Here's a quick list of what I like to have with me when I venture out:
Backpack for carrying everything. Pretty standard.
A map of your property is a nice thing to have, too. You can see where you are, where you want to go, and mark of the places you have already searched.
Binocs - rather than try and walk every single square foot of an area, they allow you to scan the distance to check for distance sheds (or lack thereof).
A camera is a great thing to have with you. Not only can you document the sheds as you find them, you can snap photos of any other cool stuff you come across, like rubs/ scrapes, or a particularly well traveled game trail. Or old Pepsi bottles. That sort of thing.
A knife or multitool might also come in handy - you never what you might need to use it for.
Lastly, 3 items that can make or break your shed hunting adventure - water, a snack, and some tp. Nothing makes you want to head in faster than being too thirsty, too hungry, or... well, I think you know where that last one is going. Always better to be safe than sorry, no?
Now don't you feel prepared to embark on your own shed hunting adventure? Let's go!
If you've got access to one, a 4-wheeler is your go-to mode of transportation when it comes to shed hunting. Besides your own two feet, that is. Even though shed hunting requires lots, and I mean lots, of walking, an ATV is the best way to get from one spot to another when you are trying to cut down on travel time and get into the best spots in the woods.
So - when you're not finding the miscellaneous pelican skulls or turkey feathers, what are you looking for in a place to find sheds? Well, let's take a minute to think about the behavior of deer. Wherever a deer spends the most time is likely the best place to start your hunt. Deer are creatures of habit, and often feed/bed in the same places, using the same paths to get there. That being said, winter food sources (food plots, acorn flats, etc.), winter bedding areas (thick places that provide cover from the elements), and paths/bottlenecks that connect the two are some good starting off points. Your trail cam photos and videos from hunting season will often provide good insight to the most active places. In fact, keeping the trail cams out can help you see when bucks have actually started to drop their antlers so you don't begin your search too early.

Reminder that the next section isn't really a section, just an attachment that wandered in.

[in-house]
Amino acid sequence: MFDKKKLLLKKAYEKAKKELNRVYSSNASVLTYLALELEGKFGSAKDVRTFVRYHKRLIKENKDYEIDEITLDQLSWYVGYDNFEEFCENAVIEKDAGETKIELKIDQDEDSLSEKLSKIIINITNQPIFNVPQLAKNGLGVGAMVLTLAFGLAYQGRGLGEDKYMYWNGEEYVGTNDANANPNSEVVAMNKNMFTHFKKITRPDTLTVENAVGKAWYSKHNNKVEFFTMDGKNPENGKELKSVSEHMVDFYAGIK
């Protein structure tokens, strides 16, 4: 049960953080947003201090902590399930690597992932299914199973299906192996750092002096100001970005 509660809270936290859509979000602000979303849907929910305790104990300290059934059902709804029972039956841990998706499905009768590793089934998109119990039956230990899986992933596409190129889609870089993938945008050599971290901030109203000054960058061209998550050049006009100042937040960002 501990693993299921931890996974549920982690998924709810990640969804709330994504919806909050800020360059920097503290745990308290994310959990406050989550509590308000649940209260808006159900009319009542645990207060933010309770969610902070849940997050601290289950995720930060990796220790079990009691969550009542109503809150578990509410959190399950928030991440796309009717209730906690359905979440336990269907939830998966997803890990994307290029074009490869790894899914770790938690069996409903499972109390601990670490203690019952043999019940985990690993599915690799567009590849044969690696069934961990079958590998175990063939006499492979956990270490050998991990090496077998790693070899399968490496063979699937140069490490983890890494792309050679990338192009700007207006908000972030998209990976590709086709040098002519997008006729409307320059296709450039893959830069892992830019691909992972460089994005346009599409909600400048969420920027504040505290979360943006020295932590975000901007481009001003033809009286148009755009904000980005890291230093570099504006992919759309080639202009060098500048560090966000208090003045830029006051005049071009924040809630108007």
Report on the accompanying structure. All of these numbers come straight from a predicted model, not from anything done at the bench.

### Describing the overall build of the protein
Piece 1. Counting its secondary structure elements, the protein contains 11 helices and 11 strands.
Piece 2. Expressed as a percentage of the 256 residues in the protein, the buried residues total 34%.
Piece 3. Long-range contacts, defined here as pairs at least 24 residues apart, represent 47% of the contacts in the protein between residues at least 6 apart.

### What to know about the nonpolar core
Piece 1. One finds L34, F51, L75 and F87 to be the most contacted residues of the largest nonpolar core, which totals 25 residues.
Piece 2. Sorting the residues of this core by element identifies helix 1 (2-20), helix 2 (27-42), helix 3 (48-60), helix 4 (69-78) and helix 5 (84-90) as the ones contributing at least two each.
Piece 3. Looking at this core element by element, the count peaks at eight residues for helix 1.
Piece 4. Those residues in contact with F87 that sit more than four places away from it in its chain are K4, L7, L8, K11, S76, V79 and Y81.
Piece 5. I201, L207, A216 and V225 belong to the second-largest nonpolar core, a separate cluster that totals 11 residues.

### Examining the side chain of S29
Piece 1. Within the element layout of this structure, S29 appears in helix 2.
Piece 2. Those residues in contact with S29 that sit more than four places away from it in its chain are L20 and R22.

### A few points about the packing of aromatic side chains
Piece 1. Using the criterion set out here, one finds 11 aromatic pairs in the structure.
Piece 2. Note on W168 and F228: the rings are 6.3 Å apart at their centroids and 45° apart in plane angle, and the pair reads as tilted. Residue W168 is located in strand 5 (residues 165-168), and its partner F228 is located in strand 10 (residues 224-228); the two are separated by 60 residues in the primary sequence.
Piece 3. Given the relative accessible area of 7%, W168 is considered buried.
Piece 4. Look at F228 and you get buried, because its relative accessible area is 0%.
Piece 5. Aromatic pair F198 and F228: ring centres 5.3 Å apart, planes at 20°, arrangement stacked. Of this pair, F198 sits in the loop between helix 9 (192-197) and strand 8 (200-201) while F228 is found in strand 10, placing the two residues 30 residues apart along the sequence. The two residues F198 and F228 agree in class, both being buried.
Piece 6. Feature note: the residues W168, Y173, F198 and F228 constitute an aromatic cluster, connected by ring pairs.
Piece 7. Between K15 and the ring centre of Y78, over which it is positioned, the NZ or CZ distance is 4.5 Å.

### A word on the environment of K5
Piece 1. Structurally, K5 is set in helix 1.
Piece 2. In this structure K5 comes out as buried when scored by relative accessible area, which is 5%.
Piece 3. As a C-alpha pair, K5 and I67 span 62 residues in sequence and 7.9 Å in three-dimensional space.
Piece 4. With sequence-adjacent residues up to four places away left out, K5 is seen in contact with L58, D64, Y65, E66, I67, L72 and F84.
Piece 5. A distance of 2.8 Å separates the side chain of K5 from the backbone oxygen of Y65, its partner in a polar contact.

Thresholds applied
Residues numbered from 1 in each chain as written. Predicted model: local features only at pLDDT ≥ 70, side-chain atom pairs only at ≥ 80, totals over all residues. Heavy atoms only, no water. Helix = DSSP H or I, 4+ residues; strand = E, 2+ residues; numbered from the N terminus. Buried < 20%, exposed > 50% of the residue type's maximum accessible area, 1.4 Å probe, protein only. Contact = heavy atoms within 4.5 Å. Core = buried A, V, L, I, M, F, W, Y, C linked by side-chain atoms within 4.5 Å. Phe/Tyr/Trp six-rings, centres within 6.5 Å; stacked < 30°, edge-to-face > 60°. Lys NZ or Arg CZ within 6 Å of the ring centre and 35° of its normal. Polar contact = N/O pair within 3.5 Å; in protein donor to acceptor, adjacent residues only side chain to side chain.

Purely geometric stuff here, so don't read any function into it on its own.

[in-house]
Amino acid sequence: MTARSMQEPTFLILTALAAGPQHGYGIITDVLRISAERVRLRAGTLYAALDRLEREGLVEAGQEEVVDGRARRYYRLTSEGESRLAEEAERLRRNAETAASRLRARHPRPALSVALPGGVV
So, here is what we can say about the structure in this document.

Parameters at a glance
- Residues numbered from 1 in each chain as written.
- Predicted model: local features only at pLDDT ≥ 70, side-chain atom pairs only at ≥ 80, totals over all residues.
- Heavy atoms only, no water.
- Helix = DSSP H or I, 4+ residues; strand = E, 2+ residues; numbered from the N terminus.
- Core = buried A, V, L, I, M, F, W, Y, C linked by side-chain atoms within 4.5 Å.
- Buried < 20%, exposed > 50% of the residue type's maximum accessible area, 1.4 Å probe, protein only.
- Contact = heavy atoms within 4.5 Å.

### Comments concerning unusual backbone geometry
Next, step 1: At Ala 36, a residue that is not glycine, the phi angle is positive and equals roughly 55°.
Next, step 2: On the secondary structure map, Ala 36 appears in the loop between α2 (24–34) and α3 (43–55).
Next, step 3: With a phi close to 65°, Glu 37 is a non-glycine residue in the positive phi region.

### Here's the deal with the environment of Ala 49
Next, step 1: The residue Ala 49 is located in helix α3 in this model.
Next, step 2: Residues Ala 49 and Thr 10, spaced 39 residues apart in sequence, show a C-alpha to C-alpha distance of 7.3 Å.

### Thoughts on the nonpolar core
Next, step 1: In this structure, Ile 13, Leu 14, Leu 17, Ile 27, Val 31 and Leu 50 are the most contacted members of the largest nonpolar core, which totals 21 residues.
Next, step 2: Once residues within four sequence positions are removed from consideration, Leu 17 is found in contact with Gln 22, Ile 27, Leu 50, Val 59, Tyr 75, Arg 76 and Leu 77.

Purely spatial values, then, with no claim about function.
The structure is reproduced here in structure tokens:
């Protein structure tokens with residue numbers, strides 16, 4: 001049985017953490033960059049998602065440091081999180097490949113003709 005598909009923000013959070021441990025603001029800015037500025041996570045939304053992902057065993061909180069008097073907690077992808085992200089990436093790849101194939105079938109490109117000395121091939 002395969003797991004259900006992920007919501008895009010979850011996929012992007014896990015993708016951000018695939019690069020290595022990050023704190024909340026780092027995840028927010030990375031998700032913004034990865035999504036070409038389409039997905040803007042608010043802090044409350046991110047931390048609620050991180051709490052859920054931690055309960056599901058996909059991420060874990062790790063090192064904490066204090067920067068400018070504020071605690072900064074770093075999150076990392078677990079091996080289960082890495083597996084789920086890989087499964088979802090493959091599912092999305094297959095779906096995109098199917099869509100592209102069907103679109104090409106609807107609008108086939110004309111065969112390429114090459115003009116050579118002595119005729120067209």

When it comes to the actual hunt, be aware of where your eyes are focused. Don't look too far out, or you could miss a shed that is right beside you. They can blend in incredibly well, so a close, sharp eye is key. In an open field, look for clumps of tall grass that would provide a bit of cover for a deer to rest in the afternoon sun. Similarly, check around fallen trees that would be a nice spot to cozy up and ride out a storm.
When venturing into the woods, look for game trails and fire lines that deer would often use to get from where they bed to where they snack. Check the spots where those trails get thick, as an antler may have gotten snagged on a branch or vine. A water source that a deer would need to jump to cross could mean finding an antler that was knocked loose when he landed. Similarly, if a buck knelt down to take a drink from said water source, an antler may get caught on a low tangle of branches - a perfect spot for you to find it. A scattering of pines near a small stream or creek tend to produce good finds*. Also be sure to search around low/wet areas in the woods - those shallow valleys near a food source/bedding area that face east/south.
*“Check under scattered evergreens. Whether it’s a lone cedar in the middle of a fallow field or a handful of scattered pines in a hardwood forest, check under every one, particularly under the south side. Deer are drawn to these odd features on a landscape the same way a fish is drawn to weeds, rocks or logs in an otherwise featureless lake.”
– Joe Shead, Shed Hunting
Of course, as soon as I tell you all of these tips and tricks on the best places to find sheds, you'll stumble across one in the most random of places. That's what happened to me last weekend. We were on the 4-wheeler heading to put out a trail cam and, sure enough, spotted a shed right on the side of the road. Just sitting there as if someone placed it for us to find. It's just a little guy - a young 6 pt - but exciting nonetheless.
Well, I think that's about all I have for you! As we continue to shed hunt over the next few weeks, I will hopefully have some fun updates for you. Until then, if you want to find out more about shed hunting and how to increase your finds, I leave you with this short list of helpful articles. PS - Did you know you can train your dog to hunt sheds, too?
QDMA: Six Shed Hunting Tips
Shed Hunting - A Guide to Finding White-tailed Deer Antlers
Shed Hunting Improves Your Trophy Chances
The Ultimate Shed Hunting Resource – Expert Shed Hunting Tips, Strategies and Suggestions
Shed Hunter - Gun Dog Magazine
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